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alloys whose main component is gold (Au).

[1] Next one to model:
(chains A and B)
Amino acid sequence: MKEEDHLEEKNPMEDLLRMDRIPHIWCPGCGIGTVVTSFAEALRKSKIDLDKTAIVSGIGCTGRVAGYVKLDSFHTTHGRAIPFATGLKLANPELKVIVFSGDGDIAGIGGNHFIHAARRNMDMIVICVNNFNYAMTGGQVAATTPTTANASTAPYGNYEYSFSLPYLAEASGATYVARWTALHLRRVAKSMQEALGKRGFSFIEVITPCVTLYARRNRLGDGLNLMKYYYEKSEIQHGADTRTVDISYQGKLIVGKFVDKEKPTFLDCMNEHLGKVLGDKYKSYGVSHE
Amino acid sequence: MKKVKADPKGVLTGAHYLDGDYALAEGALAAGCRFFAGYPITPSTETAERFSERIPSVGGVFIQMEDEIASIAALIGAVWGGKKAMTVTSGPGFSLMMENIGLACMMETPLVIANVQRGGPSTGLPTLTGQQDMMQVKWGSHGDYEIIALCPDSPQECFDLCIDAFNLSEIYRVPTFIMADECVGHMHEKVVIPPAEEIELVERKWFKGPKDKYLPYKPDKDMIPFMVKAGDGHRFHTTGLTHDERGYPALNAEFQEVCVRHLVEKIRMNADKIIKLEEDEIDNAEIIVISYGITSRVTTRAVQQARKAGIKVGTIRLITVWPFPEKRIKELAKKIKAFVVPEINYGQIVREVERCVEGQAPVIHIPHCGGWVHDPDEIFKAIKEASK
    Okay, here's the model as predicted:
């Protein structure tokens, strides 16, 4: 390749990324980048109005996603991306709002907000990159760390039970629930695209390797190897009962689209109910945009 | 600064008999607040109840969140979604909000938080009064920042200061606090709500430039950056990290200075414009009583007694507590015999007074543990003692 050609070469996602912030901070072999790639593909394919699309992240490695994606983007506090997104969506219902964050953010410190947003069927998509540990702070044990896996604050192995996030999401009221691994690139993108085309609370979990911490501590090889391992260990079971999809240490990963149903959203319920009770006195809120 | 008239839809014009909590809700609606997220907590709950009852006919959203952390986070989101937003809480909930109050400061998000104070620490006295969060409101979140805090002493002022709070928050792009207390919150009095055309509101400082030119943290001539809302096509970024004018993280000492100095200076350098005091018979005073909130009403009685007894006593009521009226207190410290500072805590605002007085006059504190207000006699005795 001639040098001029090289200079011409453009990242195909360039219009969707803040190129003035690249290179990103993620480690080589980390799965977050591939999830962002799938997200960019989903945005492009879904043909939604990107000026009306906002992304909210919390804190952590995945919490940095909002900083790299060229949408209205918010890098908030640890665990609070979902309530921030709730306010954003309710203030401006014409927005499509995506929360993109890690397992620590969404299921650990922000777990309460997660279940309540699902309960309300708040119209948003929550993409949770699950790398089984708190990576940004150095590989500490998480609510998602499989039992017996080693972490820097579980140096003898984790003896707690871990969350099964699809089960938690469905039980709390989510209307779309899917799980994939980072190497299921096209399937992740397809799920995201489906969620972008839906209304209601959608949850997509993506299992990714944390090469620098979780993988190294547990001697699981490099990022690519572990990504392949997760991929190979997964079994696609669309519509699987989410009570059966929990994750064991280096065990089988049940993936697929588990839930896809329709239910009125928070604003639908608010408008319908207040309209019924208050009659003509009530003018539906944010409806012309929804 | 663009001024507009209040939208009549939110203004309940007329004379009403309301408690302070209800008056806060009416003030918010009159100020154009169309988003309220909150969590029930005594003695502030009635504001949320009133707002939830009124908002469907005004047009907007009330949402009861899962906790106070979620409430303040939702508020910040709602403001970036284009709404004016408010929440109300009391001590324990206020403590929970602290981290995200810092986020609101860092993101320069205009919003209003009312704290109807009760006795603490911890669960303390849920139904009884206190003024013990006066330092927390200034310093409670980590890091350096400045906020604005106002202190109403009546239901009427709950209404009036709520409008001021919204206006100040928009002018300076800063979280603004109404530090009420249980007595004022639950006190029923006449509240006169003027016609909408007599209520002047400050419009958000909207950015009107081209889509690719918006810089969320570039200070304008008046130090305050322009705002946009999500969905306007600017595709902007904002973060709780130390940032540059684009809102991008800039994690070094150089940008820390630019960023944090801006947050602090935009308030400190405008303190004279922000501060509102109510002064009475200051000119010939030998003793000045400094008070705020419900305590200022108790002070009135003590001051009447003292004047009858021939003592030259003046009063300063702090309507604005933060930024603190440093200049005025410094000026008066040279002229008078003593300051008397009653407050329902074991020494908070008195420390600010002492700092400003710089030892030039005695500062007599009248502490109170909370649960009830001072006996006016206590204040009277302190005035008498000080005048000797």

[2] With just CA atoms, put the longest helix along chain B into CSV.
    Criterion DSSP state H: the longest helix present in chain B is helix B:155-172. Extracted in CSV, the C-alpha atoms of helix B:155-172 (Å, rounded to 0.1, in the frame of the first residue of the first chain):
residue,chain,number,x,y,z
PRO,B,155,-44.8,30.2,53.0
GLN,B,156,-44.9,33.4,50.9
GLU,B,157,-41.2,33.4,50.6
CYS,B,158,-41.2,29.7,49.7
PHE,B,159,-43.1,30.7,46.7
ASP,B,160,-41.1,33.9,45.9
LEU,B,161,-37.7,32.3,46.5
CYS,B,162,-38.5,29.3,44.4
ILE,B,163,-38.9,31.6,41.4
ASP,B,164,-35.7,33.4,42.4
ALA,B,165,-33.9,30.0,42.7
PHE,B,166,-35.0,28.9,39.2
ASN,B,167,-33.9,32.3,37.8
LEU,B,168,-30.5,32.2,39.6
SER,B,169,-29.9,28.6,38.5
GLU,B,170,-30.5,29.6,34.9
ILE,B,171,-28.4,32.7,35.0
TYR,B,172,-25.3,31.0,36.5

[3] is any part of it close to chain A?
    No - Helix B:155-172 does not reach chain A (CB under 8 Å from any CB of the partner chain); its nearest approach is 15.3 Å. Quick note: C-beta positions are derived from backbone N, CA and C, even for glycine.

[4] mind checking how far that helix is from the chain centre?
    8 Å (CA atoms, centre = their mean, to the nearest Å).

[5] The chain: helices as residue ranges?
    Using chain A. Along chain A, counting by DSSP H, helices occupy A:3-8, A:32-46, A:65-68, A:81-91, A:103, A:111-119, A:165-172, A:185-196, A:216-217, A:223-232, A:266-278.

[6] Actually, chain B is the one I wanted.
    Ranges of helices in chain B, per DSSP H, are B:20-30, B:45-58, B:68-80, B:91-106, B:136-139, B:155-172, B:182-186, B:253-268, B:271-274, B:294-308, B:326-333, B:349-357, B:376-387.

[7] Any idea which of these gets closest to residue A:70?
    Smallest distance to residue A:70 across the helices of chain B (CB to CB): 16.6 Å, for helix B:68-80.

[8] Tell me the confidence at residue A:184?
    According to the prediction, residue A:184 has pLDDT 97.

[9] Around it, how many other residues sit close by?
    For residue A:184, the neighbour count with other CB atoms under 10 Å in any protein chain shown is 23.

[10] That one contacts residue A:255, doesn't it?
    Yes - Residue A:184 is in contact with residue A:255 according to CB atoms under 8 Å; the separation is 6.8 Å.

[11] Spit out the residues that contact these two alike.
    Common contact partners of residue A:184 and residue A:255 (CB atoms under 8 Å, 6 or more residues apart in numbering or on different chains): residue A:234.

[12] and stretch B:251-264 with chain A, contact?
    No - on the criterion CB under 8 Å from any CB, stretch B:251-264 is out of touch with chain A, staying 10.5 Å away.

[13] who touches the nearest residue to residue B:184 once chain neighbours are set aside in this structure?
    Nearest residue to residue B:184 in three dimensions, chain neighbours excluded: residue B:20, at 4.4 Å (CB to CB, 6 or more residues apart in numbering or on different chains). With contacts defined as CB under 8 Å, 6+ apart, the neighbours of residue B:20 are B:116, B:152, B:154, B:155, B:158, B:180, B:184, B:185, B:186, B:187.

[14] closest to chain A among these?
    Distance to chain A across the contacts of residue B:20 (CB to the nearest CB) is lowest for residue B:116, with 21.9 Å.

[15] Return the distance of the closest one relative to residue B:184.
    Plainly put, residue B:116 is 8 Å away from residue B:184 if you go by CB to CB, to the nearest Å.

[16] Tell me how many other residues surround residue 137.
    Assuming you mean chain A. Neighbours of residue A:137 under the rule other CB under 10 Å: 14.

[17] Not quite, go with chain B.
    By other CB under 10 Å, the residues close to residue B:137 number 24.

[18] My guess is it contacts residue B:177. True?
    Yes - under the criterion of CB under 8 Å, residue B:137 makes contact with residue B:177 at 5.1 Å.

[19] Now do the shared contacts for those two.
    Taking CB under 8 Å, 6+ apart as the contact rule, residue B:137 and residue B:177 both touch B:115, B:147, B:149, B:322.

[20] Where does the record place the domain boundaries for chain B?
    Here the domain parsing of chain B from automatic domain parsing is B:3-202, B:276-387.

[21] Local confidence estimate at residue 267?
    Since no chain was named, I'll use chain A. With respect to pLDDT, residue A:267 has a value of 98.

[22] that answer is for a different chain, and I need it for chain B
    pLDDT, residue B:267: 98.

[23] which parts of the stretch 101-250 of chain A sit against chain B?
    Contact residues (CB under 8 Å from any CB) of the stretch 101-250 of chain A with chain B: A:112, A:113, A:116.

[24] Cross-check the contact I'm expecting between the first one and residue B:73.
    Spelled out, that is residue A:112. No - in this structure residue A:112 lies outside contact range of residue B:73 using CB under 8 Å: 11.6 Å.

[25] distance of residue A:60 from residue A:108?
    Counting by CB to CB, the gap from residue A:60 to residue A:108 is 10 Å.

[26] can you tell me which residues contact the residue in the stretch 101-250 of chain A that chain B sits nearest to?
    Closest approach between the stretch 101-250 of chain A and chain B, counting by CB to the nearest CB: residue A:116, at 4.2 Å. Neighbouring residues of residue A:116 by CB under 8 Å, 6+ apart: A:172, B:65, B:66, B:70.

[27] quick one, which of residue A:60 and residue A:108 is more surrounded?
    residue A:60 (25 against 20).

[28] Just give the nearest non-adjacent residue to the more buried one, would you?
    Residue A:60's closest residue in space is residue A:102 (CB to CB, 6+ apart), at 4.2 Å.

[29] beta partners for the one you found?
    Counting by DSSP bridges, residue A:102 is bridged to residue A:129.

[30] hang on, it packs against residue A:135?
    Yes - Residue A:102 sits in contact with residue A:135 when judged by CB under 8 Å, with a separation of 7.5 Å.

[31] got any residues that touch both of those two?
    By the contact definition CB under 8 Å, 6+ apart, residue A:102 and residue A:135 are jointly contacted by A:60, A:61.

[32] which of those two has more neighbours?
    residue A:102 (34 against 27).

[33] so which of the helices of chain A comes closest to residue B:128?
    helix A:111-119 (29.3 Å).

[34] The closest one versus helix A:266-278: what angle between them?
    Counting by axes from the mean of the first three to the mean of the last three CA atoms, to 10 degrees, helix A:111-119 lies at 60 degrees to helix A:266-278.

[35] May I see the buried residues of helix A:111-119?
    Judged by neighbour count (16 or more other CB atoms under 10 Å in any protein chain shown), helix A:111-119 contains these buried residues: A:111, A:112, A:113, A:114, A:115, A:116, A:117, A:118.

The alloying of gold with other metals (alloying elements) has the purpose both of increasing strength and hardness and of economizing in gold. Binary gold alloys have been studied in the greatest detail. Gold-silver alloys are continuous solid solutions. At 20–40 percent silver these alloys are greenish-yellow; at 50 percent silver, pale yellow. All are soft and malleable, and their melting points increase with an increase in the gold content. Gold-copper alloys (which also form continuous solid solutions) are reddish-yellow. They are less malleable than pure gold but harder and more elastic. Annealing (below 425°–450°C) makes alloys of composition close to CuAu hard and brittle; quenching imparts softness and plasticity. Gold has been alloyed also with platinum and palladium. Gold yields intermetallic compounds (so-called aurides) with many metals. Small admixtures of antimony, bismuth, and lead make gold brittle. Gold-mercury alloys (amalgams) are used in gilding metal articles. Gold alloys are used to make coins, articles of jewelry, dental prostheses (gold-copper alloys), and electrical contacts in instruments with critical functions (gold alloys of platinum and silver). The gold content of gold alloys is expressed as purity.